In October 2008, Congolese rebels launched a killing spree in the town of Kiwanja that left 150 people dead. The guerrillas went house-to-house grabbing young men, dragging them outside, and shooting them in the face and chest.
Helping them in the massacre were arms that the rebels had looted from a military depot in the town of Rumangabo a few days earlier. The depot was loaded with small arms imported to the Democratic Republic of Congo from China.
But it wasn't the first time that the depot had been looted.
"I've taken Rumangabo two times," guerrilla leader Laurent Nkunda told Amnesty International shortly after the 2008 attack. "We can't even count the number of weapons we captured at Rumangabo, there were so many.
"After the first time, the FARDC [Congolese military] filled it up again with arms of all calibres… It's the government that gave them to me. I would like to say thank you to China, for giving the FARDC all these weapons," Nkunda said.
But Nkunda's apparent glee over the easy availability of small arms is cause for deep despair among many others.
The world is awash in "small arms". But unlike chemical, biological and nuclear weaponry, there are no global treaties restricting conventional weapon transfers. Wanton violence against civilians is fuelled by the trade, non-government organisations say, and hundreds of thousands of people are killed each year by such arms.
Now, after 15 years of NGO advocacy and global negotiations, United Nations member states are meeting in New York to hammer out a first-of-its-kind global Arms Trade Treaty.
Many believe the treaty will quell human rights abuses facilitated by the power of the gun. But it remains to be seen whether a deal can come to fruition and - if a treaty is finalised - how effective it will be. "There is always a chance that it will fail and we will have nothing," the UN Office of Disarmament Affairs told Al Jazeera.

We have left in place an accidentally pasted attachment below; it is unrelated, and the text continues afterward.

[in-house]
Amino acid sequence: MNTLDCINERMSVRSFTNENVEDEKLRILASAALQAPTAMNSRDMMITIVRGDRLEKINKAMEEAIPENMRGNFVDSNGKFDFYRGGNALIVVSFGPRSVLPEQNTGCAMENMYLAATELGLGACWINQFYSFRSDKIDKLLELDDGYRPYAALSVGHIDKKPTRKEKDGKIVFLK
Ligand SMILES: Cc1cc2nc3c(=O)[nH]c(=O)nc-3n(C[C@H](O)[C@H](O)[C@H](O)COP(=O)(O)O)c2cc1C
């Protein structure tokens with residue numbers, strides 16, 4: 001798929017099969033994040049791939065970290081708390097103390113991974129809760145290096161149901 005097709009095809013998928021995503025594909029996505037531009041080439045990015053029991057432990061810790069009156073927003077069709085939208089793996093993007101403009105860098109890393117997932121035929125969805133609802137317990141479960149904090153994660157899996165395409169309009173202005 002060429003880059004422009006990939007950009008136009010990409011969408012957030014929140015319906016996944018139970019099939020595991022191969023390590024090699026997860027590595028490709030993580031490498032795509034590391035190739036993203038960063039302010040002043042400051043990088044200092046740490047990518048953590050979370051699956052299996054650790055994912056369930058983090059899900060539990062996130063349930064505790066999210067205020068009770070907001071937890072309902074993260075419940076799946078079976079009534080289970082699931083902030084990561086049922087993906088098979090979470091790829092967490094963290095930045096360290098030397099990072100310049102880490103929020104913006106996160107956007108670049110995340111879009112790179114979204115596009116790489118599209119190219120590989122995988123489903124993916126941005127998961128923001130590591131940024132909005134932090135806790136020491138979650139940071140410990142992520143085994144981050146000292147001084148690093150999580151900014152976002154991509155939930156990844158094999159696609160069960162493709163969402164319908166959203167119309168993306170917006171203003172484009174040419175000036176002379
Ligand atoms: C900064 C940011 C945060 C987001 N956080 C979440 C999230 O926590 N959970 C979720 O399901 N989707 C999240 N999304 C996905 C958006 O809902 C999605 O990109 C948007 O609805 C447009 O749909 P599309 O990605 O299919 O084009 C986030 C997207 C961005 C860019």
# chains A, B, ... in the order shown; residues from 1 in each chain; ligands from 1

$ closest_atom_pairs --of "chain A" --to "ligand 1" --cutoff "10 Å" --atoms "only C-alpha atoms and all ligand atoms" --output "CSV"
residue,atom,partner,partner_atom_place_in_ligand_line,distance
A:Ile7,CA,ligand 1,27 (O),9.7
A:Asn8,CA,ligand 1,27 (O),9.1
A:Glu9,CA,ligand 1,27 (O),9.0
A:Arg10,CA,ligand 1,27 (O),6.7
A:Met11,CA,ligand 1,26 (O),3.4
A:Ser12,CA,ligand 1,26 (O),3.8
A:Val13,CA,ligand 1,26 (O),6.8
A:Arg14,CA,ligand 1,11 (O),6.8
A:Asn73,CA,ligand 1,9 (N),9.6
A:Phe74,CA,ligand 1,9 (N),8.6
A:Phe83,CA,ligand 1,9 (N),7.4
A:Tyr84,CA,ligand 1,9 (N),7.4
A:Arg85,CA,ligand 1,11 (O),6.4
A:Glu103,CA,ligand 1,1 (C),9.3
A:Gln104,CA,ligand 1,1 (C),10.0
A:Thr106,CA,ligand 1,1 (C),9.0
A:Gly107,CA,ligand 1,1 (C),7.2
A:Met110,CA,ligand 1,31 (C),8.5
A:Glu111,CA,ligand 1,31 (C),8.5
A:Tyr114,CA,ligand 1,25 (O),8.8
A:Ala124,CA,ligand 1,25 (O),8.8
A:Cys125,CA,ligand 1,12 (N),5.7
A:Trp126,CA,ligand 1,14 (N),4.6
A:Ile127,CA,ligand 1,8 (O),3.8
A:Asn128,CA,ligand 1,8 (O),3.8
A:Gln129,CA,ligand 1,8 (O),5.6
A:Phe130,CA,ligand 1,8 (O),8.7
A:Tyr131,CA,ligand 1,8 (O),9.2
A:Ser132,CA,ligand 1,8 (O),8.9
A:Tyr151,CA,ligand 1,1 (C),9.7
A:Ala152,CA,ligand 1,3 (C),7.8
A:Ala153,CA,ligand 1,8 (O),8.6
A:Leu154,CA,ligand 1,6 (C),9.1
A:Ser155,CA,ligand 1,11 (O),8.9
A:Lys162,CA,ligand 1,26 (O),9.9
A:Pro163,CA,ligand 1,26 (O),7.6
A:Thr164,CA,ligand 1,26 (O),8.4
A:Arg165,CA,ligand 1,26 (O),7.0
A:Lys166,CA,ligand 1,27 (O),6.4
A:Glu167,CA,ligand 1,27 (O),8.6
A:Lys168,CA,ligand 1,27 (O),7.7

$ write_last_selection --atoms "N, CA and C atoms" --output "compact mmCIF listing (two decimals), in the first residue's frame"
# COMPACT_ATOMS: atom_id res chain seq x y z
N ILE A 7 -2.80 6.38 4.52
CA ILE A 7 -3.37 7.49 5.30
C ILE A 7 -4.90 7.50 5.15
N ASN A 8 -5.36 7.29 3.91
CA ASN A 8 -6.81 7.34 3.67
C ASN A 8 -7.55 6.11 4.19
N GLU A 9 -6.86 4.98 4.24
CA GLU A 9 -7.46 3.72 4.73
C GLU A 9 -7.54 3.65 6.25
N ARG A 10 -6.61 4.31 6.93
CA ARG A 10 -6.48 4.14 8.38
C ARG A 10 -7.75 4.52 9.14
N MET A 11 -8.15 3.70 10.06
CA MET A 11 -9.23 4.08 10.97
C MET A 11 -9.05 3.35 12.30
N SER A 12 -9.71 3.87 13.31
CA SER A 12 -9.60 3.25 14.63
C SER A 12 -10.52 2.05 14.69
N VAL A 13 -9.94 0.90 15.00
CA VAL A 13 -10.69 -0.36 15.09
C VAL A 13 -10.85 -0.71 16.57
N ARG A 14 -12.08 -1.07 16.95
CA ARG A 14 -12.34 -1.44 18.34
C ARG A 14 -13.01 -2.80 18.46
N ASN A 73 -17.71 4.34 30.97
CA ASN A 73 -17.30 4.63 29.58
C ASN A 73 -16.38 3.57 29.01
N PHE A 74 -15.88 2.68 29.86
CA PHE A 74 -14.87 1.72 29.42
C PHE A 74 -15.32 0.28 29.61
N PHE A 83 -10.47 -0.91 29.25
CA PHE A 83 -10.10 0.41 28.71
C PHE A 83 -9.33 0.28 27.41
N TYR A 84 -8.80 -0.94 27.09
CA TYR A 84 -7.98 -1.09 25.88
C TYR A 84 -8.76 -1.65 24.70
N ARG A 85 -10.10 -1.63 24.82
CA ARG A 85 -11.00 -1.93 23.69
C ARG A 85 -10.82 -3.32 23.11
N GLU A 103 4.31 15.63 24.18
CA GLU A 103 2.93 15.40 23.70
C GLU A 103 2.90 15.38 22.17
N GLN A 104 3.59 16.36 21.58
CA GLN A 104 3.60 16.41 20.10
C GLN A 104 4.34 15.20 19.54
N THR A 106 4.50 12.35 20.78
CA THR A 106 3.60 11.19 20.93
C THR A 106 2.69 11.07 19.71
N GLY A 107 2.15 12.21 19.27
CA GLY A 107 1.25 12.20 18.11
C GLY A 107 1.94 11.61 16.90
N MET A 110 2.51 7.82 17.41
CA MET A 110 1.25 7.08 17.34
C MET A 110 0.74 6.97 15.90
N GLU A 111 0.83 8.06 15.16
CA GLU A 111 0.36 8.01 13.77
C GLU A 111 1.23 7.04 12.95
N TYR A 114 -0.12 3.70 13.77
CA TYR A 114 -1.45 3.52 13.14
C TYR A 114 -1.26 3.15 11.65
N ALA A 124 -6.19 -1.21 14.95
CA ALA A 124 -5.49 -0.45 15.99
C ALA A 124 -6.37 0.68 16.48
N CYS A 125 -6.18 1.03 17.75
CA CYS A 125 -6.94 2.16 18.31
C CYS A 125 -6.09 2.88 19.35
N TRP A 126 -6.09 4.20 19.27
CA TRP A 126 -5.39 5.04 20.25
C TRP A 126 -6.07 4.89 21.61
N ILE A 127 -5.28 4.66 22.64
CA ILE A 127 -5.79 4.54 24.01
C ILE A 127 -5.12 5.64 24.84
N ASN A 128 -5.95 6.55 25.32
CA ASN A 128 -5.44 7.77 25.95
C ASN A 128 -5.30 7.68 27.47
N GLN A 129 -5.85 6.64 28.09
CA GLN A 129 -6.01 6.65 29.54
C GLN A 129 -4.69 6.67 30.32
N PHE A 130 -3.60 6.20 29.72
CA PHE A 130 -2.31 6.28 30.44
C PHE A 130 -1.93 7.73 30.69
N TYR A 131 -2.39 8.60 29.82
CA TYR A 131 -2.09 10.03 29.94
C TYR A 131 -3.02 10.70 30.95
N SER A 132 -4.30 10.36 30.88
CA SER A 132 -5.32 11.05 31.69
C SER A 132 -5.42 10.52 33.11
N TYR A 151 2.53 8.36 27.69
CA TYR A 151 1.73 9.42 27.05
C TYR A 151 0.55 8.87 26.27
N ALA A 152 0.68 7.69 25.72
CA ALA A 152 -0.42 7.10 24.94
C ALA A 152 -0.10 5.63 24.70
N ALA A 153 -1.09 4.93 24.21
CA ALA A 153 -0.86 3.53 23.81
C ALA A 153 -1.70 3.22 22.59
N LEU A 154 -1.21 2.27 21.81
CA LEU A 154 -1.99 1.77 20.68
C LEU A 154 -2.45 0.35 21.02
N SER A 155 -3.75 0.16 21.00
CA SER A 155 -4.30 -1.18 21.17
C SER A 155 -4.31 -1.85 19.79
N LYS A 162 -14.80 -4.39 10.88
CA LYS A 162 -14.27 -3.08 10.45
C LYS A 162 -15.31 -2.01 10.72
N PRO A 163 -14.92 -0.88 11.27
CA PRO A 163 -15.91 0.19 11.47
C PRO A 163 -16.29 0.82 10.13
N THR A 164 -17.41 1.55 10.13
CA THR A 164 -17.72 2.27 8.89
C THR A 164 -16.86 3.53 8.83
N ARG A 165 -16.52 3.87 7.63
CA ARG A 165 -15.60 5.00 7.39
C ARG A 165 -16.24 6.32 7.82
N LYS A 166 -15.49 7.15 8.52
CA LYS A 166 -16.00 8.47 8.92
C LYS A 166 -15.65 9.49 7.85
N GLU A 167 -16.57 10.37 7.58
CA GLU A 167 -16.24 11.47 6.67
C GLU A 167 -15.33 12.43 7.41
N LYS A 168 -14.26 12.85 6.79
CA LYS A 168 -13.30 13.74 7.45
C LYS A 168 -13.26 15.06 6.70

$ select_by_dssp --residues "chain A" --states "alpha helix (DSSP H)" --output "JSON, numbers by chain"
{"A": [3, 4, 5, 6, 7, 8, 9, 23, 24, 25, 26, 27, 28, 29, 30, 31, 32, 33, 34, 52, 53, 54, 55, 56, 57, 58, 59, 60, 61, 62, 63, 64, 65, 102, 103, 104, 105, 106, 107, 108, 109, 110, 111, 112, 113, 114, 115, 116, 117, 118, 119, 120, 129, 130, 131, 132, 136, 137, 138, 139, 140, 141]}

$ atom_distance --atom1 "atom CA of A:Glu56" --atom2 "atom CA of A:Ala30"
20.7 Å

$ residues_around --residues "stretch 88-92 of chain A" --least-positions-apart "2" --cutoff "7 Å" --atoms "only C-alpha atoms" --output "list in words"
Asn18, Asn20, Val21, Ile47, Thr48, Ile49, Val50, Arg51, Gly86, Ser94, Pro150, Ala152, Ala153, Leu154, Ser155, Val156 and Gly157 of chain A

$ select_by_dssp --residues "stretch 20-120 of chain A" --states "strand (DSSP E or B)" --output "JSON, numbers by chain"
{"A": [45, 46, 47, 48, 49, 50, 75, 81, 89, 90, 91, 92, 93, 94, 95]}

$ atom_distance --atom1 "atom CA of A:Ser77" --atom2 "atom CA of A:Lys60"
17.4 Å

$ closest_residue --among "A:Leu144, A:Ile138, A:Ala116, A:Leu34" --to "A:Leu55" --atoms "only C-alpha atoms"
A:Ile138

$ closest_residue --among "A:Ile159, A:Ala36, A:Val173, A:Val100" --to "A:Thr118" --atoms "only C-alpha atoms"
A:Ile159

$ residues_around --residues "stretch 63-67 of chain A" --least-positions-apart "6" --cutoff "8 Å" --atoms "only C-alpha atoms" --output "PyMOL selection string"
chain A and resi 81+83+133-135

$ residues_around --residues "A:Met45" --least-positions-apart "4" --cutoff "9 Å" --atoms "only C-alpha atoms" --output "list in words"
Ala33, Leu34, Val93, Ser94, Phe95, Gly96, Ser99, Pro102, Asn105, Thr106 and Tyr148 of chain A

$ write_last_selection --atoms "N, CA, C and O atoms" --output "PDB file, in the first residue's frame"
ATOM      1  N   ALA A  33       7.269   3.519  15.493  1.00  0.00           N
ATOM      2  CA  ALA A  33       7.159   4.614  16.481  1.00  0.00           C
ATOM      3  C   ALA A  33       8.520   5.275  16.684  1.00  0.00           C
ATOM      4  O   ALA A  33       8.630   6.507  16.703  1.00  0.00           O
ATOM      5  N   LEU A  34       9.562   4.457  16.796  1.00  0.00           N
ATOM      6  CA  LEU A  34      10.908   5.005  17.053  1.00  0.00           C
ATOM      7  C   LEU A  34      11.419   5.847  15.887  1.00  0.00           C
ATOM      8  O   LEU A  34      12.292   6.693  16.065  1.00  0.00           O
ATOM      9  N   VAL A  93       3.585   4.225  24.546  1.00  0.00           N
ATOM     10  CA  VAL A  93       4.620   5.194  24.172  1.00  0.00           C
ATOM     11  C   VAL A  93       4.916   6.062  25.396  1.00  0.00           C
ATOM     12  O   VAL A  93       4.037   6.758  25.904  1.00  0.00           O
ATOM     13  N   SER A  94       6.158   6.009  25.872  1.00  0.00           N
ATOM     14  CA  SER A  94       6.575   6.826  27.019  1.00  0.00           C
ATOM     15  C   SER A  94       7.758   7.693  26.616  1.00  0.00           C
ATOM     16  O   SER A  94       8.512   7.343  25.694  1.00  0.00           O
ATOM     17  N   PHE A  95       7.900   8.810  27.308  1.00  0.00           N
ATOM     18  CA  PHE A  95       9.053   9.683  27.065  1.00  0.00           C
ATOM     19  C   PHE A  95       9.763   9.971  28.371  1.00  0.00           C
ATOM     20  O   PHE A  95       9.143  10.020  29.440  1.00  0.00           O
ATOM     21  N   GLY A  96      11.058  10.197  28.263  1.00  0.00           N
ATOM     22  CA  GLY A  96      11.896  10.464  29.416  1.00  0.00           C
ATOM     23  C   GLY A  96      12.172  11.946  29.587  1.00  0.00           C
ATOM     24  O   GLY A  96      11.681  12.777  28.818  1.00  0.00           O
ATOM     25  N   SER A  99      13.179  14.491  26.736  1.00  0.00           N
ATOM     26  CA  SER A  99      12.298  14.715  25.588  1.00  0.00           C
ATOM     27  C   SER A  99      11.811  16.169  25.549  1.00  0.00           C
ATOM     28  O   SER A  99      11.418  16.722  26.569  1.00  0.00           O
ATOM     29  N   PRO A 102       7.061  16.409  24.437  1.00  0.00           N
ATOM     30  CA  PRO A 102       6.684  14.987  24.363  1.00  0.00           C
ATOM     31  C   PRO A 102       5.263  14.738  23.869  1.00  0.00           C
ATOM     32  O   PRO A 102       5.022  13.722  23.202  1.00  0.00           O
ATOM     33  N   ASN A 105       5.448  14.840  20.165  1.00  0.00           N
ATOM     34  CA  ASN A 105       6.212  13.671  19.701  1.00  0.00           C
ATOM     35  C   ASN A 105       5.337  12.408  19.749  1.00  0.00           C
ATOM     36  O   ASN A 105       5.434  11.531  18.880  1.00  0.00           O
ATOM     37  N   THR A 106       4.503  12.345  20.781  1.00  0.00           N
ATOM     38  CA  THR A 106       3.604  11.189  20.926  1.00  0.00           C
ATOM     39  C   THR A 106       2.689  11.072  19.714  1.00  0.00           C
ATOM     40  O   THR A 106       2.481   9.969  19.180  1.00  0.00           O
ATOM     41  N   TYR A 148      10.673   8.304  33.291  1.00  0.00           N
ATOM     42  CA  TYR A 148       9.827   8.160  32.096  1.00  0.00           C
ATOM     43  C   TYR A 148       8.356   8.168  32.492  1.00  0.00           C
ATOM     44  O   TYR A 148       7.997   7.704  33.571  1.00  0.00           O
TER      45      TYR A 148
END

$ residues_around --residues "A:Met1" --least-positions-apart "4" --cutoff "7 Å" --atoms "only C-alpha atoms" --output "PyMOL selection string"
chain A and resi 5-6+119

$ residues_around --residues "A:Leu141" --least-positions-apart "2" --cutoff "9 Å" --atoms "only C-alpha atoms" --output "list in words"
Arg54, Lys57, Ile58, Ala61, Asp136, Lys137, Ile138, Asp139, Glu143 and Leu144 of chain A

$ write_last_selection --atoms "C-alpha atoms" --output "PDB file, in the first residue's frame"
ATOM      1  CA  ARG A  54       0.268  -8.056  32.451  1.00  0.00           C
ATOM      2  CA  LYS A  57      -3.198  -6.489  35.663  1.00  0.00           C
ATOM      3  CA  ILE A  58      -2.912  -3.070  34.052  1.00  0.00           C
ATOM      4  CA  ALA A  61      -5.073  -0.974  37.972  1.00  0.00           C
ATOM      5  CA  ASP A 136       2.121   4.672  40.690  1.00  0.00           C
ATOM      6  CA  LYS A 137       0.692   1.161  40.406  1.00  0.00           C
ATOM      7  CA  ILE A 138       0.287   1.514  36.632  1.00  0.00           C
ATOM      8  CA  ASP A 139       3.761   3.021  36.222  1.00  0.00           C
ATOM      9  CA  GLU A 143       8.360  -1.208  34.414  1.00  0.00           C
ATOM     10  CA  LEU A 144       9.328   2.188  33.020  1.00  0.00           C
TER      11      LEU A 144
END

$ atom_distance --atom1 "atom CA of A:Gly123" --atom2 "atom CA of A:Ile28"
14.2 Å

Most agree global rules governing the trade are necessary. Only 52 governments around the world have laws regulating arms brokers - less than half of those impose criminal or monetary penalties for illegally trading weapons.
The UN estimates the repercussions from armed violence worldwide totals $400bn annually. "Without adequate regulation of international arms transfers and high common standards to guide national export decisions, the human tolls and financial costs will remain colossal," the UN said.
About 75 per cent of the global trade in conventional weapons is controlled by the five permanent United Nations Security Council members: the United States, China, Russia, France and the United Kingdom.
There is a surge in the sales of weapons. The volume of worldwide arms transfers from 2007-11 was 24 per cent higher than during 2002-06, according to the Stockholm International Peace Research Institute.
875 million: Number of small weapons such as revolvers, assault rifles and sub-machine guns in circulation, according to the Small Arms Survey
300,000: Estimated number of people who die in violent conflict each year - 90 per cent of whom are killed by small arms fire, according to the UN
US$3.4bn: Value of arms bought between 2000 and 2010 by countries subject to arms embargoes
US$400bn: The cost of armed violence worldwide each year, according to the UN
US$17bn: Cost of conflicts fuelled by imported weapons in Africa in 2007 - almost the same as it received in foreign aid
Amnesty said the main goal of negotiations is to create a treaty that requires states "to undertake a rigorous case-by-case risk assessment of each proposed arms transfer". Signatory countries will have to scrutinise who will ultimately use the weapons and for what purpose. If a chance exists that the arms could be used to commit human rights violations, a deal doesn't get done.